It’s a bit which comes fairly early on in the film, which until this point has been skimming along almost irresistibly, with a very well-judged mixture of grit, warmth, and romance. The opening section is certainly the film’s best – not because the rest of it is actually bad as such, but it’s just not quite to the same standard.

There’s just a bit too much of it, for one thing – the movie feels like it could comfortably absorb ten or fifteen minutes of cuts from its middle section – as it is, it occasionally feels like it’s laying everything on a bit thick. Then again, this is a chunky, crowd-pleasing, manipulative musical melodrama, so maybe that’s kind of the point.

Even so, I did find myself wondering what this story is supposed to be about – is it trying to make a point about the brutal nature of the fame game, or is it really just about the stresses and strains on this particular relationship? The story is obviously trying to tick all the bases, by showing Ally’s rise to stardom while depicting Jackson’s decline and fall, but it almost feels as if these things are happening in isolation from each other – the film makes it clear from its opening moments that Maine is a man with serious issues, which only get worse as the story continues. It’s not difficult to imagine his story following a vaguely similar trajectory even had he never met Ally – as a result, they almost feel like ships passing one another, the ups and downs of their actual relationship incidental, and this inevitably impacts on how affecting and moving the drama of the film is.

Nevertheless, this is the kind of big, sentimental movie that audiences often take to their hearts in a very big way, and I can imagine A Star is Born becoming a major success, both critically and commercially. Is it too soon to talk about next year’s awards? Possibly, but the Academy in particular has a distinct weakness for this kind of new-take-on-an-old-favourite offering. And while I don’t think this is a particularly great film, it’s a substantial one with some wonderful individual moments.

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Is it my imagination, or are there still not that many new films being released at the moment? Films for grown-ups, I mean; if you’re after CGI animations aimed squarely at the family audience, you don’t have anything to worry about – but Disney’s heavy investment in the stellar conflict industry seems to have frightened nearly everyone else off.

Still, there are some people at least attempting to stick to How Things Are Usually Done, and how things are usually done is that January is when the films hoping for a big awards season tally start to make their presence felt. And, lo, this is beginning to happen, and one of these films is David O Russell’s Joy.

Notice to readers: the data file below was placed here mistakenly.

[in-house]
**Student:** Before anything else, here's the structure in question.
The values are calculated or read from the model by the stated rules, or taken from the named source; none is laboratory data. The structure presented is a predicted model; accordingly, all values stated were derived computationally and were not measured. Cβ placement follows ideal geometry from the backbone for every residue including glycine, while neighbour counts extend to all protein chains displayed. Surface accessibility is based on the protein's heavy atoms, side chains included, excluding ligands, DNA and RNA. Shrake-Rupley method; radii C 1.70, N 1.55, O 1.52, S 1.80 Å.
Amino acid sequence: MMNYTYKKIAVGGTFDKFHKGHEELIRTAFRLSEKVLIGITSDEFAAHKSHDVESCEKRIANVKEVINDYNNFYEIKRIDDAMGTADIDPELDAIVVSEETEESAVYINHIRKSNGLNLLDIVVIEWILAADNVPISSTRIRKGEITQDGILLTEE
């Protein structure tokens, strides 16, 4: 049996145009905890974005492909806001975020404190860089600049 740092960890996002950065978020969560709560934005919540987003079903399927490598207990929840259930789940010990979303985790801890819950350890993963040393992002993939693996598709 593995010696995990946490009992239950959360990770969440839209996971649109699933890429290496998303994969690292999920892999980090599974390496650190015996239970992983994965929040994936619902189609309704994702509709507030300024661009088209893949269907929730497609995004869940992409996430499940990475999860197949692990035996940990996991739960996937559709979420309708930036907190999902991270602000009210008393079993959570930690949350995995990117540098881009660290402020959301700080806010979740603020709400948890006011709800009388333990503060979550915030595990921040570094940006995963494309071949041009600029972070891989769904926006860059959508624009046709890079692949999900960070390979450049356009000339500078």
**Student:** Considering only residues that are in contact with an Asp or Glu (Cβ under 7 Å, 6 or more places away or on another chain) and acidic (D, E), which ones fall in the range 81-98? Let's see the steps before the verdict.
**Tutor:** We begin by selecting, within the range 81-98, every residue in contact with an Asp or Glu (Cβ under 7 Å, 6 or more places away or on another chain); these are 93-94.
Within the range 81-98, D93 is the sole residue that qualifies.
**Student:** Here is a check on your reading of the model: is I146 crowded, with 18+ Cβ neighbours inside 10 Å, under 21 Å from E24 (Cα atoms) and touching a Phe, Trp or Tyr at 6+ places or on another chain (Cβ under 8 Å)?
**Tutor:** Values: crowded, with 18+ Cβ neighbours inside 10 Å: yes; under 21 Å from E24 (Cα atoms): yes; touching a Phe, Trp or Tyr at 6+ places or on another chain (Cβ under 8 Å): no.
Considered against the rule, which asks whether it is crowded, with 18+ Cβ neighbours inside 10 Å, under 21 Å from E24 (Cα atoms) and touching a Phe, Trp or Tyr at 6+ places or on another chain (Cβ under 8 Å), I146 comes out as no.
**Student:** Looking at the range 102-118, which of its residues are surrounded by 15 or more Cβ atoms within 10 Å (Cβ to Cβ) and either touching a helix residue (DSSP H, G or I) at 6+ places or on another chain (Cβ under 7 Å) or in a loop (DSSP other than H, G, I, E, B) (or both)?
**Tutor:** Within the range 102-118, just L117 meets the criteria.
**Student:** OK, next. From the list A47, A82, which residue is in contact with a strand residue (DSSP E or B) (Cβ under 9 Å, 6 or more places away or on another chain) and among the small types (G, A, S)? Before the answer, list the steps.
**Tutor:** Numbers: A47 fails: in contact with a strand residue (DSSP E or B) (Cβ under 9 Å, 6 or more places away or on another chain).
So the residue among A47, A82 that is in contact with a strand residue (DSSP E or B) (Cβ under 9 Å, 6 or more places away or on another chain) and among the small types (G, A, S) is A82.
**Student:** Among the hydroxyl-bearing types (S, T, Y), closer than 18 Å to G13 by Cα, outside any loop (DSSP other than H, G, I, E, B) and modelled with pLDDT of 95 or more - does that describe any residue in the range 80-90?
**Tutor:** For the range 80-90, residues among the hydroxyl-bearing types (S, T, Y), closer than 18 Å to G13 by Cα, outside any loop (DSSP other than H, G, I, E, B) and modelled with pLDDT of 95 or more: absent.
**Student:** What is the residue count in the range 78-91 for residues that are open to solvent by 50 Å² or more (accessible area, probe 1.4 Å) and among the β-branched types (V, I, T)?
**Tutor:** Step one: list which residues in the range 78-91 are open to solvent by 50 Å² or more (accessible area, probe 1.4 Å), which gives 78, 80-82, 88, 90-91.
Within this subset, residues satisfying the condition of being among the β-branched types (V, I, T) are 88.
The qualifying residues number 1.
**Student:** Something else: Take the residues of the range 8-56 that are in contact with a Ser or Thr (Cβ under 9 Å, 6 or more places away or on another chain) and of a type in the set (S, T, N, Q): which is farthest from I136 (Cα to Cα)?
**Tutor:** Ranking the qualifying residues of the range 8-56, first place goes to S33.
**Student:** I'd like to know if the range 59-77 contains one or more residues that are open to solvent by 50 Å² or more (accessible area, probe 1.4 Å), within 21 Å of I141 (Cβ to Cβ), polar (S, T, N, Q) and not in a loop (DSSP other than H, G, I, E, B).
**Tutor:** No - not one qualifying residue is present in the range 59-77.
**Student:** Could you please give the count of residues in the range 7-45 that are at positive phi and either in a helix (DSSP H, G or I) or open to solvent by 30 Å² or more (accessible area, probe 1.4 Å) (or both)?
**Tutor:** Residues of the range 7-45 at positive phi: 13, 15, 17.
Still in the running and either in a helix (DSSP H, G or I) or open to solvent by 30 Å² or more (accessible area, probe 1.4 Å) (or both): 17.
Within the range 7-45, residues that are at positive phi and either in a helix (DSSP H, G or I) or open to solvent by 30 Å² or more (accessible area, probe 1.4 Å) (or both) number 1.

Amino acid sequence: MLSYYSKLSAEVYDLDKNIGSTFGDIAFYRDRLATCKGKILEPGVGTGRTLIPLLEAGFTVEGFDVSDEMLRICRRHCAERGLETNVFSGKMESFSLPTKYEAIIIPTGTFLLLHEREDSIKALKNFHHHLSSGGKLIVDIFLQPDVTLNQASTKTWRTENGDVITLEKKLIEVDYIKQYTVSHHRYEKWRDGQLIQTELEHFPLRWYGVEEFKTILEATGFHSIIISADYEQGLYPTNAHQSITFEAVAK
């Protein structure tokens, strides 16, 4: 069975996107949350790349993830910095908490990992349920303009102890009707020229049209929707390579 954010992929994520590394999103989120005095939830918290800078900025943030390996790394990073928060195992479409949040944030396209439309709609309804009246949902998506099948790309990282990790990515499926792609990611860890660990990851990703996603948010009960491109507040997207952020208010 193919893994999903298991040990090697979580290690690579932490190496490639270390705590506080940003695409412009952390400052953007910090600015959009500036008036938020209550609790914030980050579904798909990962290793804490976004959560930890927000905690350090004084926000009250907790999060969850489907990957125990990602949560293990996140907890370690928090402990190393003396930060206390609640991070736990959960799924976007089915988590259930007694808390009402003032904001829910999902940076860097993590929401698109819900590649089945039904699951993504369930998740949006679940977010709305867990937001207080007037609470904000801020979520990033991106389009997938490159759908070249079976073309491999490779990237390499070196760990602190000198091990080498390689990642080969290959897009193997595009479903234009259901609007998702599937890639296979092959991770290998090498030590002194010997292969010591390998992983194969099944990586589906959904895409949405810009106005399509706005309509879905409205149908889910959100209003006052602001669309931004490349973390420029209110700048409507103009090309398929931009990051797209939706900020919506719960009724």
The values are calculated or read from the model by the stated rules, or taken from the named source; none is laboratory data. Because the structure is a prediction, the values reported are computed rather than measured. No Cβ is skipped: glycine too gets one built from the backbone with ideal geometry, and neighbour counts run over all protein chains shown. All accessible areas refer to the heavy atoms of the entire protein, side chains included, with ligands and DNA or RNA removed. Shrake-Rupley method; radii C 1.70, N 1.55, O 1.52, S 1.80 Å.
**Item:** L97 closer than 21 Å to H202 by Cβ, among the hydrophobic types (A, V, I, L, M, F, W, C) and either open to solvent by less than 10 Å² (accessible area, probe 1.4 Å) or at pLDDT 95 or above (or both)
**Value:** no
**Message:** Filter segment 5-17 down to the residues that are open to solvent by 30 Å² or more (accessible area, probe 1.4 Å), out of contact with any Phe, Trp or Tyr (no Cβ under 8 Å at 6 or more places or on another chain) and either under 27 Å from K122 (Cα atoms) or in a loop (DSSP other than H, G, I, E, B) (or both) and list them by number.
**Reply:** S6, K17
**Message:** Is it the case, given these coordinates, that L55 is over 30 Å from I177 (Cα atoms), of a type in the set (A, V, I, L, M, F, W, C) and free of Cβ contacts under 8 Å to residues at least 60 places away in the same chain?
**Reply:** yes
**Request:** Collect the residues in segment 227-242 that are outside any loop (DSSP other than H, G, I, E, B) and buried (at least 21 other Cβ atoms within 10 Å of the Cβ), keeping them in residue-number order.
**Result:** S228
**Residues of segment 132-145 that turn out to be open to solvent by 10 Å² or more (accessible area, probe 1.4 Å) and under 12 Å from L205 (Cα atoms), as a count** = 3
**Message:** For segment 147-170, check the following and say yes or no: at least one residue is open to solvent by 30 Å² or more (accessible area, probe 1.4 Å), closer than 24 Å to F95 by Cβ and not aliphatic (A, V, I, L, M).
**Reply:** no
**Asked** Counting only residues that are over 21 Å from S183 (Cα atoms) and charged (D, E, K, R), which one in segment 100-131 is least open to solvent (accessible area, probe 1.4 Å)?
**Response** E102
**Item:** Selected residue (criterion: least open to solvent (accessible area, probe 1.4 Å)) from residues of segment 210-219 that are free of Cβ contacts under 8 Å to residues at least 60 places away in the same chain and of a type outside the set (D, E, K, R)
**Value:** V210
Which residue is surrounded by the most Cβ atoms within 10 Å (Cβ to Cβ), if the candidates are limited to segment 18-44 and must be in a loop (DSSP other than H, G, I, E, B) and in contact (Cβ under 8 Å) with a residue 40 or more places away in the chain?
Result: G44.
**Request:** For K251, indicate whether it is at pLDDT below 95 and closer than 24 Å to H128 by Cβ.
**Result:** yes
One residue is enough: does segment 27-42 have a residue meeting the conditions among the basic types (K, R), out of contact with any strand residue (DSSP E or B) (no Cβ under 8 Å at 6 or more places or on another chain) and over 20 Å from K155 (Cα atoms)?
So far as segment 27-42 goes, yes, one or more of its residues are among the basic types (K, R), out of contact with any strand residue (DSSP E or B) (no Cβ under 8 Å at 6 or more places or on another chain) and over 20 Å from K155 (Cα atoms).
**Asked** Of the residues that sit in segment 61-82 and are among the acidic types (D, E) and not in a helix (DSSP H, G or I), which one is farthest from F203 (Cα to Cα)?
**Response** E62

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This is one of those films which is theoretically based on a true story, but which casts loose from the anchor of historical accuracy so energetically that the movie-makers haven’t really bothered emphasising its basis in reality. Certainly I hadn’t heard of the person whose life-story it purports to tell, one Joy Mangano, played in the film by Jennifer Lawrence.

The film seems to be set in an intentionally non-specific past (I would have said early 80s, probably, but it turns out the events portrayed actually happened in in the late 80s and early 90s), with Joy working for an airline and contending with all manner of disasters at home: her mother (Virginia Madsen) is a virtual recluse, obsessed with absurdly glossy TV soap operas, her father (Robert De Niro) has just been thrown out by his third wife and is living in the basement with her ex-husband (Edgar Ramirez, who it must be said looks a bit like Bradley Cooper – this is confusing, as Cooper is in the movie too). All this and looking after her children too has taken its toll on Joy, who has had most of the creativity and promise she showed as a child ground out of her. The only person who remembers and believes in her is her grandmother (Diane Ladd, who looks a bit like Meryl Streep – this is less confusing, as Streep is not in the movie).

Well, anyway, life goes chaotically along until one day some wine gets spilled in a place it shouldn’t, and the ensuing trauma inspires Joy to design a new kind of mop to help with this kind of crisis. This is a mop like no other. This is a mop that could change the world. Or so Joy thinks, and so she sets off to make her dreams a reality (her dreams being of her new mop).

But the path to success is a hard one, and Joy finds herself sinking deeper and deeper into debt as she struggles to give her mop the success it deserves. Finally there is a glimmer of hope, when her ex-husband manages to help her get a foot in the door at the revolutionary new shopping channel QVC, where she meets thrusting young visionary Neil Walker (Bradley Cooper – told you he’d turn up). Is this the chance she has been waiting for?